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Is There a Case for Export Restrictions on US Liquefied Natural Gas?

As noted in earlier posts, in an amazingly rapid turn of events, concerns in the United States over controlling natural gas imports have shifted to anxieties over limiting gas exports. This “reversal of fortunes” is the result of development of a commercially viable system of extracting natural gas from deep shale, of which the US has vast quantities. But what might the benefits and costs of restricting gas exports be?

Economists have long argued that in most cases unrestricted trade, including unrestricted exports, will generate the maximum benefits to the exporting country. Economic analysis shows that the benefits to the resource-exporting sector will typically exceed the costs to the domestic resource-using sector, thereby generating positive net benefits to the country as a whole.

Of course, this does not imply that each sector within the country will benefit. Rather, there will be domestic winners and losers. In this case the benefits to gas exporters will exceed the relative losses to the domestic gas users. This net benefit is the case for free trade. Note here that the domestic interests may not be net long-term losers when utilizing a newly developed resource such as shale gas. For example, if the domestic price, after the market has reached its equilibrium, is lower than it was before the onset of new supplies, e.g., due to fracking, domestic users are still ahead. But, they are relative losers to the extent that exports result in gas prices higher than they would otherwise be without exports.

There are, however, well recognized cases where an export restriction might be advantageous to the country as a whole. Suppose a country, or group of countries, is a dominant worldwide producer of a product. The classic case is OPEC with its dominance in the export of oil. In this case the countries have monopoly power and can manipulate export prices with an export tax or, more often, by restricting their exports. If the higher prices increase their export earnings (and profits) more than the lost earnings associated with the decrease in exports, the country as a whole will benefit. Hence, monopoly power in the export market has generated net benefits.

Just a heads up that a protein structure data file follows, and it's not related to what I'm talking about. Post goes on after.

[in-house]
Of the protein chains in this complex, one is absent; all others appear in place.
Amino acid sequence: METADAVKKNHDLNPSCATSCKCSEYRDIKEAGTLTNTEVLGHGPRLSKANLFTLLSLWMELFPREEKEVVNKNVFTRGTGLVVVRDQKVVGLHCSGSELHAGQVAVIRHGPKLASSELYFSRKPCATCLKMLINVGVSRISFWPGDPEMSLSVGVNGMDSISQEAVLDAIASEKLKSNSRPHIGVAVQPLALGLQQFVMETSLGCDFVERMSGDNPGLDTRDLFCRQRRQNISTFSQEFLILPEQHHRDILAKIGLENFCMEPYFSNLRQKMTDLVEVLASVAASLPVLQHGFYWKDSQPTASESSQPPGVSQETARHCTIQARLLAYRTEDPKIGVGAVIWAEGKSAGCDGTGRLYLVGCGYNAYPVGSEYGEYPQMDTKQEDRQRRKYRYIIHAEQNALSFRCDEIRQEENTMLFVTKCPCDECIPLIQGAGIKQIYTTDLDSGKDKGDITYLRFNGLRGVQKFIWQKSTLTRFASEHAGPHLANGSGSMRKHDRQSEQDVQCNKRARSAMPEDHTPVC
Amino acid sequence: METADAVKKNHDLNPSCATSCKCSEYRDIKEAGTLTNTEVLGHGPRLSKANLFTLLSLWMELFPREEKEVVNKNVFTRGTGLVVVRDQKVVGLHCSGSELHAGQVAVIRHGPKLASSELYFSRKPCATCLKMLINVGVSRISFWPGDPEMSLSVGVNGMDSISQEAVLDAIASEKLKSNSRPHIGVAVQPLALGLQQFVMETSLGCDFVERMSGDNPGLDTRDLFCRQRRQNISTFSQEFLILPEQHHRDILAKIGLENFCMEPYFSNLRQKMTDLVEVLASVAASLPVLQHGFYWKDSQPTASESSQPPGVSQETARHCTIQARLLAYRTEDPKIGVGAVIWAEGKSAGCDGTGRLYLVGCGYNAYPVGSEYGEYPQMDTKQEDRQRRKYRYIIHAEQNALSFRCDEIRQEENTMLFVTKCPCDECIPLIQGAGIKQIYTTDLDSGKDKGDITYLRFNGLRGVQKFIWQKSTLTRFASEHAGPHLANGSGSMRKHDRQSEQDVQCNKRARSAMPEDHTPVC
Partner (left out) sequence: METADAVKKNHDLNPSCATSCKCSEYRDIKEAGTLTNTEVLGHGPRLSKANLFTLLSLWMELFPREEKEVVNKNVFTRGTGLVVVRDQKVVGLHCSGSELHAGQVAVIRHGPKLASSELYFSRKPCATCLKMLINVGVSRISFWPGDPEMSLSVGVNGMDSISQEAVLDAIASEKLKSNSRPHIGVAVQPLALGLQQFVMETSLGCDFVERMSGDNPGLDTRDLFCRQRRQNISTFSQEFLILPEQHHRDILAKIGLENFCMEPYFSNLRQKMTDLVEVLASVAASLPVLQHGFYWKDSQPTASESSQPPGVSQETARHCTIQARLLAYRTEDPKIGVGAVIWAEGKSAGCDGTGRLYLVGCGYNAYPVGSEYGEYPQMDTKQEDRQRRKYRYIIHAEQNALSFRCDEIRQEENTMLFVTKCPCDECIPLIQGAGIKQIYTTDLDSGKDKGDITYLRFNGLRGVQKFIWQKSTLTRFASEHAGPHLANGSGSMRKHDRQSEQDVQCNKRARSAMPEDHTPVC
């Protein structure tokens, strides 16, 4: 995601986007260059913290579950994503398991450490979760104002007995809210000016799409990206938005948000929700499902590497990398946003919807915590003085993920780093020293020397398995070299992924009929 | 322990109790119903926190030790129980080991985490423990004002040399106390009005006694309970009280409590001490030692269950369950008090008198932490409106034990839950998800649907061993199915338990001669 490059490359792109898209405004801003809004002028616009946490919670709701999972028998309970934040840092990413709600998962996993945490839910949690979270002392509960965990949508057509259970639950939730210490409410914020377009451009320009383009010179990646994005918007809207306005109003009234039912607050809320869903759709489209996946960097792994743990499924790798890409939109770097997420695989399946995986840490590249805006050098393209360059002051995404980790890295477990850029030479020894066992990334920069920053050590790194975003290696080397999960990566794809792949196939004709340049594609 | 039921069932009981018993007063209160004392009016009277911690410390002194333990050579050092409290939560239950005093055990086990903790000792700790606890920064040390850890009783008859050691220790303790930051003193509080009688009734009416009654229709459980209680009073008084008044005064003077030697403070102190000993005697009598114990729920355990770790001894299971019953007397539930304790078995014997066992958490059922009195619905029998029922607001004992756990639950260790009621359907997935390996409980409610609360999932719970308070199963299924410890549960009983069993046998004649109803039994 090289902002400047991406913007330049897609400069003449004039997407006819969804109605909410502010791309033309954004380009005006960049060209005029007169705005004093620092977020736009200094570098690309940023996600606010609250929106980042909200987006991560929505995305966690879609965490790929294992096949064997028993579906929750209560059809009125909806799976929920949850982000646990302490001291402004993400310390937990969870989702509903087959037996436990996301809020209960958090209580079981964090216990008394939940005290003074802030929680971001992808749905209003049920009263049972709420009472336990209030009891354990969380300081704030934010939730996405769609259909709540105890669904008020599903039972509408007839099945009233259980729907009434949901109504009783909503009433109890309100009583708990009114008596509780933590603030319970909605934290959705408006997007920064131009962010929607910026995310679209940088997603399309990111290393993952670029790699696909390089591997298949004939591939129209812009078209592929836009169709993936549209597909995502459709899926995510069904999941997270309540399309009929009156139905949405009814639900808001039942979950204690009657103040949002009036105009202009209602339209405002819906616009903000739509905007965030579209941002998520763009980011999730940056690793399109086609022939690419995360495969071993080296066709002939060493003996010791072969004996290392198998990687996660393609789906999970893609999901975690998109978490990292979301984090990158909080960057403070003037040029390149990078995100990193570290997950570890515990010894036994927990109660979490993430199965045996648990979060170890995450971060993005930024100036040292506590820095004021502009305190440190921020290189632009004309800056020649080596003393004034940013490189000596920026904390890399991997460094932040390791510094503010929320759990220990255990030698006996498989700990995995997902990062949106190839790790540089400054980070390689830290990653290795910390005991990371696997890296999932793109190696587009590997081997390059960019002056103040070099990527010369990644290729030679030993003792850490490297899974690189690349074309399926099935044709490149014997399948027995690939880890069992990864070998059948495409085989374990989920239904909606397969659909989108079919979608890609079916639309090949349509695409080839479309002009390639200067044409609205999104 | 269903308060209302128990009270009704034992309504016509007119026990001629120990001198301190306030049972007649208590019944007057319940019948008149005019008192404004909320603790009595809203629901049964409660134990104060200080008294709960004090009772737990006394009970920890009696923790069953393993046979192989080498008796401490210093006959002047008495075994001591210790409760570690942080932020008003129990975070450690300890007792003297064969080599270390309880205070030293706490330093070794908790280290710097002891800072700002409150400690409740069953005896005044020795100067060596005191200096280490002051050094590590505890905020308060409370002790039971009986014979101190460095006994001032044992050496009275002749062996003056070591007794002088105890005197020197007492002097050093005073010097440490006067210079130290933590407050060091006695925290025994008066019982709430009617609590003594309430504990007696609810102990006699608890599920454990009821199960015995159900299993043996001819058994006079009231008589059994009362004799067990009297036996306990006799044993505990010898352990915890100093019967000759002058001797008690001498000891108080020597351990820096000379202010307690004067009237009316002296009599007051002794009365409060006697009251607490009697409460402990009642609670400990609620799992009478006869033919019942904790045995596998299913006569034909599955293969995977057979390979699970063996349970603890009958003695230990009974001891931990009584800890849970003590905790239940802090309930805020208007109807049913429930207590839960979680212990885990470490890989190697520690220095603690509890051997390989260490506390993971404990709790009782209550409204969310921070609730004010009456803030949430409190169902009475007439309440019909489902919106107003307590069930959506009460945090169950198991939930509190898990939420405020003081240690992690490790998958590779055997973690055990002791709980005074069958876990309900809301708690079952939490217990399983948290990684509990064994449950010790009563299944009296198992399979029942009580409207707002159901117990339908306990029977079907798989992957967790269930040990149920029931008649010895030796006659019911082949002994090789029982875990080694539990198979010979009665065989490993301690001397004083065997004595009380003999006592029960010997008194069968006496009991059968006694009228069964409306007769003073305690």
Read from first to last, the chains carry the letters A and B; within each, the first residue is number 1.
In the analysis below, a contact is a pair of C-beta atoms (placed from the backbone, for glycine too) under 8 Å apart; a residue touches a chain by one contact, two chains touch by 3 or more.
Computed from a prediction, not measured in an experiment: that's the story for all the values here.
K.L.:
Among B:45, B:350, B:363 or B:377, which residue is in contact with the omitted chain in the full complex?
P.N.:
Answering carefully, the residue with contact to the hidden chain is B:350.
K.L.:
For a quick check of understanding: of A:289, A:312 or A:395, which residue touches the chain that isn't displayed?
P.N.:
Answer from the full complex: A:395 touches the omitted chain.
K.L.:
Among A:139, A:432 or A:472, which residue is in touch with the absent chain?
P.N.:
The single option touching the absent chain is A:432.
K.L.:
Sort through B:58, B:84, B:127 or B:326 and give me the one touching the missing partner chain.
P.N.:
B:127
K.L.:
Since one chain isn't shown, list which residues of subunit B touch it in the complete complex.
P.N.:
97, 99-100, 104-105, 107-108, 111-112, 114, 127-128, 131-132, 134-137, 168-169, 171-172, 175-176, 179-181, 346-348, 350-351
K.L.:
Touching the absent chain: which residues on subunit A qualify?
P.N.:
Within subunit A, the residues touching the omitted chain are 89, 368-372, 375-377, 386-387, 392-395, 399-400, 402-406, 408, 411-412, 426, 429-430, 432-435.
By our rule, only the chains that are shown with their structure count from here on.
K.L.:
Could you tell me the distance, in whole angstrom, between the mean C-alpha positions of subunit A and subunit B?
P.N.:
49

However, individual countries rarely possess significant market power, particularly in the longer term. In most cases single counties provide only a small fraction of world market supply and thus have merely a negligible impact of world prices. This is likely the case for the US with respect to natural gas. Note that even with substantial production expansion, the US is unlikely to export anywhere near the volumes necessary to dominant the world market. This is because world supplies are likely to be influenced by a variety of suppliers, both existing suppliers and also newly emerging supply sources. In this case the US, even as it is moving from a net importer to an exporter, will only be a relatively marginal supplier to the total world market and thereby have only negligible power to affect prices.

Overall, however, the US now finds itself in a very favorable position. In the shorter term, due to the fragmentation of natural gas transport infrastructure, the US may be a major temporary supplier in some markets and benefit on a temporary basis from the very high prices. In the longer term, as an exporter the US can benefit from the normal gains from trade. Additionally, high transport costs give US gas users a significant cost advantage over gas-importing for producing energy intensive goods, even when international gas markets clear.

What are the implications for US gas trade policy? The US may be able to have the best of both worlds. Exporters will have the advantage of higher prices in foreign markets while domestic users will have a competitive advantage via lower gas costs than many of their foreign competitors. Wise policy, then, ought to take advantage of this situation by not interfering with gas usage – domestic or foreign. Let the market do its job and sort out flows and usage. Policy’s primary role should be to focus on minimizing negative environmental impacts associated with the resource’s development.

About Roger A. Sedjo

Roger Sedjo is a senior fellow and the director of RFF's Forest Economics and Policy Program. His research interests include forests and global environmental problems; climate change and biodiversity; public lands issues; long-term sustainability of forests; industrial forestry and demand; timber supply modeling; international forestry; global forest trade; forest biotechnology; and land use change. He has written or edited 14 books related to forestry and natural resources.

Views expressed above are those of the author. Resources for the Future does not take institutional positions on legislative or policy questions. All information contained on Common Resources is intended for informational and educational purposes and may only be used for these purposes. Please see RFF's Terms of Use for further information.

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